"Hi, how was your weekend."

"Fine, thank you. How was your weekend?"

"It was good. What did you do on your weekend?" You get the idea.

Ideally, you would like to start Monday after lunch and, if you Karen, Tuesday is often the best day of the week for interviewing. There is a subtlety to it.

Why do I think Tuesday is a great day for interviewing? Because then they have a few days to contact one another and then get back to you after the interview about next steps. Friday, Thursday, sometimes replies go over the weekend and any positive feelings they may feel about you become dissipated with time.

Thus, to me, Tuesday and, secondly, Wednesday are ideal. I try not to recommend first thing in the morning because sometimes people walk into catastrophes and need to respond and while they are interviewing you, their mind becomes distracted about what they have to handle afterwards.

I try not to do things at the end of the day, if possible because people are trying to get off and go to other things. However, sometimes it's necessary because I do believe you try to meet with them as soon as possible.

So, to repeat the best day is Tuesday and, secondly Wednesday. You ideally would like to interview mid to late morning. You don't want to be interviewed on Friday afternoons or Monday mornings, if possible. But sometimes you have to do with them

Jeff Altman, The Big Game Hunter is a coach who worked as a recruiter for what seems like one hundred years. His work involves life coaching, as well as executive job search coaching and business life coaching. He is the host of “Job Search Radio,” “No BS Job Search Advice Radio,” and his newest show, “No BS Coaching Advice.”

Are you interested in 1:1 coaching or interview coaching from me?  Email me at JeffAltman@TheBigGameHunter.us and put the word, “Coaching” in the subject line.

JobSearchCoachingHQ.com offers great advice for job hunters—videos, my books and guides to job hunting, podcasts, articles, PLUS a community for you to ask questions of PLUS the ability to ask me questions where I function as your ally with no conflict of interest answering your questions.  

Connect with me on LinkedIn. Like me on Facebook.

You can order a copy of “Diagnosing Your Job Search Problems” for Kindle for $.99 and receive free Kindle versions of “No BS Resume Advice” and “Interview Preparation.”

Don’t forget to give the show 5 stars and a good review in iTunes

If you want to know how to win more interviews, order “Winning Interviews.” You’ll learn how to win phone interviews, in-person interviews, the best question to ask on any interview and more.

Do I Look Like a Job Hopper?


Listen to the full episode here:
http://webtalkradio.net/internet-talk-radio/2017/07/14/do-i-look-like-a-job-hopper/

Jeff Altman, The Big Game Hunter answers a question as to whether someone looks like a job hopper.

Jeff Altman, The Big Game Hunter is a coach who worked as a recruiter for what seems like one hundred years. His work involves life coaching, as well as executive job search coaching and business life coaching. He is the host of “Job Search Radio” and “No BS Job Search Advice Radio,” both available through iTunes and Stitcher.

Are you interested in 1:1 coaching from me? Email me at JeffAltman@TheBigGameHunter.us
and put the word, “Coaching” in the subject line.

JobSearchCoachingHQ.com offers great advice for job hunters—videos, my books and guides to job hunting, podcasts, articles, PLUS a community for you to ask questions of PLUS the ability to ask me questions where I on function as your ally with no conflict of interest answering your questions.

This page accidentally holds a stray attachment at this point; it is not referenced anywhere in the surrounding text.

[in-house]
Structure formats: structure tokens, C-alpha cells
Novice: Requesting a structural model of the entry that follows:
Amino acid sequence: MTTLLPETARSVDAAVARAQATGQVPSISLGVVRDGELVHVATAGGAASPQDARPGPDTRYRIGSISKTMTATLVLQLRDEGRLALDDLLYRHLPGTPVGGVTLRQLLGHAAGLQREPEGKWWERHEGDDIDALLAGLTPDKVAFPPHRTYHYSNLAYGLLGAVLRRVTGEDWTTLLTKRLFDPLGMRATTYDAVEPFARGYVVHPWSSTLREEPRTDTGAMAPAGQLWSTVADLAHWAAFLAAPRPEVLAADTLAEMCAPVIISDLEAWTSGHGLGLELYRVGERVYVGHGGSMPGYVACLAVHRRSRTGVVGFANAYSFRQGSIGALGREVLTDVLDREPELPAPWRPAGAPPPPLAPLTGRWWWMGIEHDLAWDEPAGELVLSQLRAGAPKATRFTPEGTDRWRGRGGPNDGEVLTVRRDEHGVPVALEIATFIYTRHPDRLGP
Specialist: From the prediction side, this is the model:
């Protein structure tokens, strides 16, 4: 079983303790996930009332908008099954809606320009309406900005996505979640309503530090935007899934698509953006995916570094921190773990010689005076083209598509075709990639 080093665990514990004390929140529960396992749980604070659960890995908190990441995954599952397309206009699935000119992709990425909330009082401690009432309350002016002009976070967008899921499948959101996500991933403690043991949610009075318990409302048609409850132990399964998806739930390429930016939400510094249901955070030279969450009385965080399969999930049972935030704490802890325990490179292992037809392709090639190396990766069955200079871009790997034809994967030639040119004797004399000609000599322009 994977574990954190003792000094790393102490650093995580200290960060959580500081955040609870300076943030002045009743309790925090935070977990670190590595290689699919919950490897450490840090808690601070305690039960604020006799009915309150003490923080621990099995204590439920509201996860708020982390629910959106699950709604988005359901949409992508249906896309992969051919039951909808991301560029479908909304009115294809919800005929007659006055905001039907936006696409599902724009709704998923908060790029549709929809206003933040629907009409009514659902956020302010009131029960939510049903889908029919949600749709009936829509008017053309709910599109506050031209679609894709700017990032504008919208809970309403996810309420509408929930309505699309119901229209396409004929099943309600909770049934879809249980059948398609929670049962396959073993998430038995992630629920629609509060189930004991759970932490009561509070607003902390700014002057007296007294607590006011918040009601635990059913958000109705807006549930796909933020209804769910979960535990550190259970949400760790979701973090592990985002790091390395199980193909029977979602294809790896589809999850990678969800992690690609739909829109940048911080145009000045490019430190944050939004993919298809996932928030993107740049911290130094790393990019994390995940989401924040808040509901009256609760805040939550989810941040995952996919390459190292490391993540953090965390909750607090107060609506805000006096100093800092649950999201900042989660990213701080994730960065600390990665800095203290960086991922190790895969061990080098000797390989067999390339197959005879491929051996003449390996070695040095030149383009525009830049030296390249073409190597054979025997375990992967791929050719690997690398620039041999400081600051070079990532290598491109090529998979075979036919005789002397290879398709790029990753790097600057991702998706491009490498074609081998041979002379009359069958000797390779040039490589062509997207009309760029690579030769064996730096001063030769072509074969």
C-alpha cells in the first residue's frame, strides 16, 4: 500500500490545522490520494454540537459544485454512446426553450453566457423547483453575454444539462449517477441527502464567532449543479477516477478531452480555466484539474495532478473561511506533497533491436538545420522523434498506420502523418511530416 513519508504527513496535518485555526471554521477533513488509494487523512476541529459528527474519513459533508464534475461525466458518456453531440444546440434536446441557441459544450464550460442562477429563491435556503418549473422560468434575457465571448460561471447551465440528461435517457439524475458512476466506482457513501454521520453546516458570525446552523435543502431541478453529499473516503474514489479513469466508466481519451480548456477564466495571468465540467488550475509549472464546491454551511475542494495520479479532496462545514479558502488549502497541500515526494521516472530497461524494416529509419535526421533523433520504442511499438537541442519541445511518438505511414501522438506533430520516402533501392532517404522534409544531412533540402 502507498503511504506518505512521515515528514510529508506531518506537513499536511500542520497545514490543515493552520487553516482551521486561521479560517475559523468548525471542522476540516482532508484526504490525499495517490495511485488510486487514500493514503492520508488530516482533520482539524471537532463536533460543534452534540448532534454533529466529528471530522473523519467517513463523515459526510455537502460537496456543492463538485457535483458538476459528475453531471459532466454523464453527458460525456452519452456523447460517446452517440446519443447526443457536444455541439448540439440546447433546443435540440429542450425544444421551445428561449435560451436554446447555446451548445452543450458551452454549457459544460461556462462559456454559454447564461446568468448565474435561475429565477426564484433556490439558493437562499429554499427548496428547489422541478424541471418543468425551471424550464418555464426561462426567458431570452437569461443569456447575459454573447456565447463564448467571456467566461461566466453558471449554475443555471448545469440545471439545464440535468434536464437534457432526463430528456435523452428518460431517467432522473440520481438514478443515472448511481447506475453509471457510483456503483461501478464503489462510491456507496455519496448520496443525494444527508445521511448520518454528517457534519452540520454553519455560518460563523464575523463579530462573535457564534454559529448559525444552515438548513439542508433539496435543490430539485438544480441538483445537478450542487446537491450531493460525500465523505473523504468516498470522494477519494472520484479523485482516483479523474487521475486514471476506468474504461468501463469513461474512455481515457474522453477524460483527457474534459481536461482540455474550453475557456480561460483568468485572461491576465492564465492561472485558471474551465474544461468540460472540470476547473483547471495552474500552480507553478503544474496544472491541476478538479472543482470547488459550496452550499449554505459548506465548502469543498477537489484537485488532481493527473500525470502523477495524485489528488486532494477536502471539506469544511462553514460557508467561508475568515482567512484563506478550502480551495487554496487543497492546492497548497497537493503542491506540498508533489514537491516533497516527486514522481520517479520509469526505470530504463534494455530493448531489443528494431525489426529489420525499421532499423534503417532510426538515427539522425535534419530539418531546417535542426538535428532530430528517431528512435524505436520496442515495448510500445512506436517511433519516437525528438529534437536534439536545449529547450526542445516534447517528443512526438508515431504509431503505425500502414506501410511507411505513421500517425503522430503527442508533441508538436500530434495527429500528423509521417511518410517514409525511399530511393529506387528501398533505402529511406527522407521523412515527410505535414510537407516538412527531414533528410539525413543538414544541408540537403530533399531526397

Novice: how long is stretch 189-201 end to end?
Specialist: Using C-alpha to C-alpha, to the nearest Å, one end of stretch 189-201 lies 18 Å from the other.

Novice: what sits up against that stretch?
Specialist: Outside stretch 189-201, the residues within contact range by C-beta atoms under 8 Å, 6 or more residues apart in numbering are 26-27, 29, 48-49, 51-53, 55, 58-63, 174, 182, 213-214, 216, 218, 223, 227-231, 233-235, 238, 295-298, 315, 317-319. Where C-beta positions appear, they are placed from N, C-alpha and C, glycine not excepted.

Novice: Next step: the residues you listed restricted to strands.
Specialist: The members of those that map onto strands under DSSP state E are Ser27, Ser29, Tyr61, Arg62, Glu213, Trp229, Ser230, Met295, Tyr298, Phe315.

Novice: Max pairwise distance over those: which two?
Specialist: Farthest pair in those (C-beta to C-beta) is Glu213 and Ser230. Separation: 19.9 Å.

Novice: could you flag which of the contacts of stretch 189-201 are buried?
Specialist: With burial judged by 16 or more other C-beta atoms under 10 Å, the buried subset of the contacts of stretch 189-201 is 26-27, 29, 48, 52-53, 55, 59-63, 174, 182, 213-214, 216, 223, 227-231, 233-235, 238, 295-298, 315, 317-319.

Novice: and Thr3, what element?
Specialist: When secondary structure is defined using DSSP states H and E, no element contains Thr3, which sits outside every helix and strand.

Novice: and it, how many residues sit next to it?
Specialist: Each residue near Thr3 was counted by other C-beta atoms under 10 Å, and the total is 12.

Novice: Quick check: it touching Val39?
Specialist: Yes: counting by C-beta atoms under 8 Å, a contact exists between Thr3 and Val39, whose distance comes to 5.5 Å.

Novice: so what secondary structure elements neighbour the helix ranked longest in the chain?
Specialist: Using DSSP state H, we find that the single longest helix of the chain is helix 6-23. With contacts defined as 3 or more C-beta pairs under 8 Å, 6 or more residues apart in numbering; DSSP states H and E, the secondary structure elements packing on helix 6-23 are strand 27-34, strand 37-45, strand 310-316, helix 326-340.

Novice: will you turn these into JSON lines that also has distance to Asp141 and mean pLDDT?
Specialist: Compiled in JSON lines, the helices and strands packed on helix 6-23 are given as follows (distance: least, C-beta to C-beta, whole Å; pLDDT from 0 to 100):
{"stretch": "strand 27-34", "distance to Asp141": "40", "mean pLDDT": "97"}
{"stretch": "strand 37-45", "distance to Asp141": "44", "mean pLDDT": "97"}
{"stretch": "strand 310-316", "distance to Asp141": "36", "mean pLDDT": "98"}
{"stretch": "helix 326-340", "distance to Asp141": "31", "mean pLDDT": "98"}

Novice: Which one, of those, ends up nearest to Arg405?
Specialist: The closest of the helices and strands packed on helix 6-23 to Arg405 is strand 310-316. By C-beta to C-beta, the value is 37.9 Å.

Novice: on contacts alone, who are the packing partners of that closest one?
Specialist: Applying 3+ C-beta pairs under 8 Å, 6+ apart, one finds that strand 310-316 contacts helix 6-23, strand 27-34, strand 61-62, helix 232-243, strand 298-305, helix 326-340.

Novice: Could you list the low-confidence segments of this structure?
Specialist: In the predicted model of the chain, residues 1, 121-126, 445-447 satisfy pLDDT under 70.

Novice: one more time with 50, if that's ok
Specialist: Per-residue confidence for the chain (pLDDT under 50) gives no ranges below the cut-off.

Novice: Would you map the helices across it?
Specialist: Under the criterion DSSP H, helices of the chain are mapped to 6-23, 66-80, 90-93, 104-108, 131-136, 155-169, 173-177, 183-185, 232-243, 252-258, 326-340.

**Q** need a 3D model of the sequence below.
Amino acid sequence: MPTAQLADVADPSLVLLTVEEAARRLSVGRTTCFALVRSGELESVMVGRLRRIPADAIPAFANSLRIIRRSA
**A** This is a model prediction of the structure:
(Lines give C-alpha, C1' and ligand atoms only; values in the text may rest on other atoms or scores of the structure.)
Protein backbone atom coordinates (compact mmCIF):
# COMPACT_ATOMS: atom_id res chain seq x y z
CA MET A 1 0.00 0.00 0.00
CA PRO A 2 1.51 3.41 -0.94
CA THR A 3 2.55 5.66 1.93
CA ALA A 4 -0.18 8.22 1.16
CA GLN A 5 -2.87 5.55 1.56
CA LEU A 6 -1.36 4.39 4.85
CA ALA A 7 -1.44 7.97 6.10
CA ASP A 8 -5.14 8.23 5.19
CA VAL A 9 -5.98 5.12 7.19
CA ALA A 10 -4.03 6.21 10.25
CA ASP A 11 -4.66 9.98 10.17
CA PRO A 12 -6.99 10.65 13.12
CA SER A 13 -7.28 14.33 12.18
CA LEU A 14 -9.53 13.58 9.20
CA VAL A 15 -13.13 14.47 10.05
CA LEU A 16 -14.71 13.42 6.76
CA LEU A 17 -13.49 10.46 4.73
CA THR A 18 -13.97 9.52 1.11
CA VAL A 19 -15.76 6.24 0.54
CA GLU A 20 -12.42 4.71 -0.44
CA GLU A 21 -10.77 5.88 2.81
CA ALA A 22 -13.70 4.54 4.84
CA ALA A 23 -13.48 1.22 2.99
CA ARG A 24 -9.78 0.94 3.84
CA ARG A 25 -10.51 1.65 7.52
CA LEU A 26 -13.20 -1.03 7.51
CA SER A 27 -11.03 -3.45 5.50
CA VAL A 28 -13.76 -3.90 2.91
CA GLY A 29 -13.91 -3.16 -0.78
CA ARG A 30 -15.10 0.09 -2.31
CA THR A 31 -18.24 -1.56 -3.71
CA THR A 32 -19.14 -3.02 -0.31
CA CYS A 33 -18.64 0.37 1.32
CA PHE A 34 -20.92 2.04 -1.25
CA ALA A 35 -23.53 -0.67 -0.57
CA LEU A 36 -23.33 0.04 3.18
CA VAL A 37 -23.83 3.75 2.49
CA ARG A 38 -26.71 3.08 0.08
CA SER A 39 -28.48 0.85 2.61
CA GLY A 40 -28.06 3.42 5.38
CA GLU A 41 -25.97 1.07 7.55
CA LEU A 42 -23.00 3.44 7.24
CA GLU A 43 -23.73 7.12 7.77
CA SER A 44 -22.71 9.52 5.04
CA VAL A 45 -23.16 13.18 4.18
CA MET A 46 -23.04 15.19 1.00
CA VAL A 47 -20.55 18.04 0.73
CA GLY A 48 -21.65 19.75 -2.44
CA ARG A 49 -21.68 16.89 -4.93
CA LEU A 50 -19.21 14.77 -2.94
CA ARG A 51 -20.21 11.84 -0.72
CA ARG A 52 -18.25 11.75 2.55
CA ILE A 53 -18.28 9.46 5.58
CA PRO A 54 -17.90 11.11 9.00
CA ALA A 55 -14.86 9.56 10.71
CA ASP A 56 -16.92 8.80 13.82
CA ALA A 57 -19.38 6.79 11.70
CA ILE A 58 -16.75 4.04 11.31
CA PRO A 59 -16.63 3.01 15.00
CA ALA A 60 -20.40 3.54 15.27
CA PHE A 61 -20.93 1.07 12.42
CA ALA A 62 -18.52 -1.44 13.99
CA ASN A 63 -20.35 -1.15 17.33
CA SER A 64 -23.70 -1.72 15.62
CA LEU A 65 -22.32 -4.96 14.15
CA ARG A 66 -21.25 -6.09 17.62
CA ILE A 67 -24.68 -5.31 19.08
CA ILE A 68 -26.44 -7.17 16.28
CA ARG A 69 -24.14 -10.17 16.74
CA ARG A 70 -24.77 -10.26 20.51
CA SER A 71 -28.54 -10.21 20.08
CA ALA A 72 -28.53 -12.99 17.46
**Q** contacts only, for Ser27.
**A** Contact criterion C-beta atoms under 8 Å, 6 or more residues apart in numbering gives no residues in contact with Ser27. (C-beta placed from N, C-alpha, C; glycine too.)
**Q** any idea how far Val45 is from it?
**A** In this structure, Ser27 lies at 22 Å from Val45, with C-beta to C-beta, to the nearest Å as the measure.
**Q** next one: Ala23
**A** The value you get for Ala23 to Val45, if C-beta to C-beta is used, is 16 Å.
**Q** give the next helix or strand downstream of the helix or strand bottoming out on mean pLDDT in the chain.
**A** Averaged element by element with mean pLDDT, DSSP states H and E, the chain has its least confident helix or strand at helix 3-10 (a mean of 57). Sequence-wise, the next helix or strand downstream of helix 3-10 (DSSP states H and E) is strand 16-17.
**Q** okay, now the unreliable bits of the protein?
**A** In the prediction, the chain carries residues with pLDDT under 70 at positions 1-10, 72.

Do you have a quick question you would like me to answer? Pay $50 via PayPal to TheBigGameHunter@gmail.com

Do you have a question you would like me to answer? Pay $25 via PayPal to TheBigGameHunter@gmail.com
and then forward your question to the same address.

Connect with me on LinkedIn http://bit.ly/thebiggamehunter

You can order a copy of “Diagnosing Your Job Search Problems” for Kindle for $.99 and receive free Kindle versions of “No BS Resume Advice” and “Interview Preparation.”

The premise is that the person is concerned that the resume makes them look like a job hopper. The question goes like this, “I’m a software developer with a job that I’ve had since college. 1.5 years. 4 years. 2 years. 3.5 years. 2.5 years. I’m a year into my latest gig and started to think about switching industries like from going from finance to tech. How bad does this look?”

Great question. I think there is a more complicated answer to this. Let me start with the premise that I have the idea that some of these might be consulting assignments. Where that is the case, you can aggregate dates into one combined area that shows that you are a consultant during that period. Let’s say the 2 years and the 3 1/2 years were as consultants, aggregate the dates there. The reason I have the idea is your choice of the word “gigs”or, “gig” for that last position . I have the idea from not that you might be a person who is been a consultant. If that’s the case, aggregate some of those dates to demonstrate clearly.

More important than a tactic, is the bigger picture. You are not talking about career progression. You’re talking about how over 10 years as a developer. If my math is right, for 14 1/2 years, you are talking about yourself being purely a developer; do not talking about being a lead. You not talk about being an architect and you’re not talking about being a manager. You talking about being a developer.

That may have been a conscious choice of yours but some employers of the start looking down on you because you haven’t progressed in your career. That may be a bigger issue for you. Why are you still a developer? Why are people not give you the opportunity to get ahead?

If you’ve always wanted to be a developer, that’s going to be a real easy question to deflect. You’re going to have to address in the cover letter.